Although the COVID-19 pandemic may seem like the first time that long-term care facilities have had trouble with infection control among our nation’s 1.4 million nursing home residents, facilities have had problems with disease spread long before the novel coronavirus. This pandemic just brought the issues to the forefront. According to the U.S. Government Accountability Office (GAO), 82 percent of all nursing homes were cited once or more with an infection prevention and control deficiency in the years 2013 through 2017.
Older Americans are among the most at-risk for contracting and dying from the novel coronavirus, so the improper handling of disease prevention from these nursing homes has proved deadly. About one-third of fatalities from COVID-19 have been linked to nursing homes, according to health non-profit Kaiser Family Foundation’s reports.
Although the deficiencies mentioned in the GAO’s report were classified as not severe, the oversights have most likely played a part in how COVID-19 was able to rapidly spread through these facilities. Here are the problems with the facilities that were listed in the GAO’s report:
- Not regularly using proper hand hygiene
- Not isolating sick residents
- Not using personal protective equipment (PPE)
- Not screening for diseases, like tuberculosis
- Not implementing other measures to prevent an infectious disease outbreak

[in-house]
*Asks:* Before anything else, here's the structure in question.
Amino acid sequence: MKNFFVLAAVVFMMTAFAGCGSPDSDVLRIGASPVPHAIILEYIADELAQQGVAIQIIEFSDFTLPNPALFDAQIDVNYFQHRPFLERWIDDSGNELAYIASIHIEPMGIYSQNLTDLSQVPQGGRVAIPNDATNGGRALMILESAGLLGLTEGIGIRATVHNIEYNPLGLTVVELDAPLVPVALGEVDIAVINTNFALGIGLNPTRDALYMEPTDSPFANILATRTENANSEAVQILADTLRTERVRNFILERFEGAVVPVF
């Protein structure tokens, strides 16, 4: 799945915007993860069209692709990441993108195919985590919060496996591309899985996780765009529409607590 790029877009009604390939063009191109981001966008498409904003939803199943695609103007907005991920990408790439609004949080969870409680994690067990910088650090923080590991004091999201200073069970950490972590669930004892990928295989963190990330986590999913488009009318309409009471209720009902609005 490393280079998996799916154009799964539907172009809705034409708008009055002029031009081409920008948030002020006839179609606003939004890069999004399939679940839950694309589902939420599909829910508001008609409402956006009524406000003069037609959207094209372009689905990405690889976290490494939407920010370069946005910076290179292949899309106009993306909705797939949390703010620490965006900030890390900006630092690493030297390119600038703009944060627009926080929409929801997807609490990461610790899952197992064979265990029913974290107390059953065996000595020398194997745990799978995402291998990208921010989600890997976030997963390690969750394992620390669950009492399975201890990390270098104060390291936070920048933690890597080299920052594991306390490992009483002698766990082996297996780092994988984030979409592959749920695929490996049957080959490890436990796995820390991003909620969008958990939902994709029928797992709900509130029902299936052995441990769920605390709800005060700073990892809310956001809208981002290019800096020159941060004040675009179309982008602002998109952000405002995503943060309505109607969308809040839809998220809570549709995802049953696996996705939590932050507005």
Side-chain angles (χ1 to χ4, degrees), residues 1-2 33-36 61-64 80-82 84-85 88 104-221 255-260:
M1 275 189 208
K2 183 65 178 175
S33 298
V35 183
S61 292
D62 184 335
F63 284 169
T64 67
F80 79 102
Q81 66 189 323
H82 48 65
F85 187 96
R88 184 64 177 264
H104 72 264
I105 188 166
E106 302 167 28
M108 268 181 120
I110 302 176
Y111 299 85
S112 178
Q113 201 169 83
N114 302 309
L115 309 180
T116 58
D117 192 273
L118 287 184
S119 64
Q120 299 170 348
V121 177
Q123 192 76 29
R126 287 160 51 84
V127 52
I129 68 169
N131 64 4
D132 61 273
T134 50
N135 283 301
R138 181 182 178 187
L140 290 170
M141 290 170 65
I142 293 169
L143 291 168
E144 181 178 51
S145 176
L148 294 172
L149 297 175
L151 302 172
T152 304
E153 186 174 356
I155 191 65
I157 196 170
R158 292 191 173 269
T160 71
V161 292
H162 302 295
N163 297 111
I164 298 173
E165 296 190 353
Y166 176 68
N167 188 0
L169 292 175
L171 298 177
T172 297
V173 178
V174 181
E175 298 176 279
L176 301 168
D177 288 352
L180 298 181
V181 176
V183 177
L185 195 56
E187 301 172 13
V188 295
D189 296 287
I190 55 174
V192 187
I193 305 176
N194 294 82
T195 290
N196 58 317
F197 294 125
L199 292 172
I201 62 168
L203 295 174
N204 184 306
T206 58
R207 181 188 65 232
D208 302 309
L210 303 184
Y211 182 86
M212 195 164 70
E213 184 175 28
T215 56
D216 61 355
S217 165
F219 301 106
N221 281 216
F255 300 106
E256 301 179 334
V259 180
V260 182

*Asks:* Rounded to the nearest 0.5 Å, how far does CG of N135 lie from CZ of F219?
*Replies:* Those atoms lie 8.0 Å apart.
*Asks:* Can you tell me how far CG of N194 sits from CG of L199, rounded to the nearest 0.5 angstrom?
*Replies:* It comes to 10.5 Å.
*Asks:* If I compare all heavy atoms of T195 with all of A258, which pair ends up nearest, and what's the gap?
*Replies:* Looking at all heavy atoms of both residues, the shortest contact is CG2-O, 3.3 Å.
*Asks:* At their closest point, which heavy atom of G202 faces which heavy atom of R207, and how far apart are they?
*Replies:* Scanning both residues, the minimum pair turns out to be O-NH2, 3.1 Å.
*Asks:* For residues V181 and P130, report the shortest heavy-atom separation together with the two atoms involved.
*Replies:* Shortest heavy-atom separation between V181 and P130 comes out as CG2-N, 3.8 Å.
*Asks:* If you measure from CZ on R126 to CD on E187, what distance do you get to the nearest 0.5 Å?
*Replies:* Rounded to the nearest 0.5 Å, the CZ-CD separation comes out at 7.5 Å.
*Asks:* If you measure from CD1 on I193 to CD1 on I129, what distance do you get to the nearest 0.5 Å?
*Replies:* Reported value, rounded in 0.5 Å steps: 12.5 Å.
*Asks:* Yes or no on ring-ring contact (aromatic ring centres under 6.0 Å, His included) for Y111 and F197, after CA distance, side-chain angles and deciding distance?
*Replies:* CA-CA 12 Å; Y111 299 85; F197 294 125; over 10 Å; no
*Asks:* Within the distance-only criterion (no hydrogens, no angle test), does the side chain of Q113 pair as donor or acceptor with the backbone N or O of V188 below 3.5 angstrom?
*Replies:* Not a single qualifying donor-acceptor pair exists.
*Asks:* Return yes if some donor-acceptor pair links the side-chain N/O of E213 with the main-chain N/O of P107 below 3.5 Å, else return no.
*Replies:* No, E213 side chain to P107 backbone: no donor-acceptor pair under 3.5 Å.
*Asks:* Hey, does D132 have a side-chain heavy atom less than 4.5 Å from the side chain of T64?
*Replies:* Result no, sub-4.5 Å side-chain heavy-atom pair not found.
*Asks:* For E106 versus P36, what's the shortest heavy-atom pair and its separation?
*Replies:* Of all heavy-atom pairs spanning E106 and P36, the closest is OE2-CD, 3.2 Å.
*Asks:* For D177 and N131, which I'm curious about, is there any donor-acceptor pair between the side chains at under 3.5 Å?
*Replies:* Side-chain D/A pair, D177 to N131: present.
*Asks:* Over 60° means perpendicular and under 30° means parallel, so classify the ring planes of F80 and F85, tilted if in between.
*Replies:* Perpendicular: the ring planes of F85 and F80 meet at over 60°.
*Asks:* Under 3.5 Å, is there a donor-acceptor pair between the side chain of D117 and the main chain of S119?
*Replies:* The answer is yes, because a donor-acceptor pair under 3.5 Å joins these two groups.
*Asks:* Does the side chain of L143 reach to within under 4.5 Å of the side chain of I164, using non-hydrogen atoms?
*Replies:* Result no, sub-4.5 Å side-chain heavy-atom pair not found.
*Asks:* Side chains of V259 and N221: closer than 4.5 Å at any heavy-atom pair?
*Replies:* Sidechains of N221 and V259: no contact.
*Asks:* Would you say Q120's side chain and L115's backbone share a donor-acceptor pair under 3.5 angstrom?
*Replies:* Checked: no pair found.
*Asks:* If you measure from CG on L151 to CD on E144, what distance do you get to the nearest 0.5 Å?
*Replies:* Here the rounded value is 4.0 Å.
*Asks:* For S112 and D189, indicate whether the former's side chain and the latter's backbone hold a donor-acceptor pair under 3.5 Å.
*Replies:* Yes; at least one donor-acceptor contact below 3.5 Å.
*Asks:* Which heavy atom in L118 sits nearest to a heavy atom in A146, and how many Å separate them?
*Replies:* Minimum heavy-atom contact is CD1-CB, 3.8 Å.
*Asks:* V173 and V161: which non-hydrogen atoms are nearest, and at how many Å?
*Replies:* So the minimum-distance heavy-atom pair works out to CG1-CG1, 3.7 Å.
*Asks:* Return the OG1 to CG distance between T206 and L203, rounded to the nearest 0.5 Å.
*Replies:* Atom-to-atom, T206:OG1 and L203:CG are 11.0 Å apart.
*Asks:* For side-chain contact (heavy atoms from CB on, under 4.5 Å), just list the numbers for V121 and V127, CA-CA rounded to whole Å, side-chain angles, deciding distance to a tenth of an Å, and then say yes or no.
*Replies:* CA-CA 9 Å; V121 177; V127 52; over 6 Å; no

When COVID-19 came to these long-term care facilities, their deficiencies prevented them from responding to the outbreak effectively. Even though nursing homes have restricted visitation as a way to prevent the spread inside and beyond their facilities, they still need to focus on reducing the spread between their residents and staff alone. Some nursing homes did not isolate infected staff and residents properly, as well as allowing all residents to still eat in the same dining room.
On top of those deficiencies in prevention, many nursing homes have been falling short when it comes to publicly tracking their cases. While facilities claim they have not publicly reported their outbreaks to protect patients’ privacy, reporting their cases could help researchers better understand how to prevent outbreaks and what’s happening in nursing homes.
Unfortunately, nursing homes have been hotspots for the novel coronavirus, and their already flawed infection control measures seem to have enabled these devastating outbreaks. At Thomas Law Offices, we know how helpless you must feel because you can’t control the health and care of your loved one in a nursing home during this confusing time. If your loved one isn’t being kept safe in their nursing home, get in touch with our lawyers today.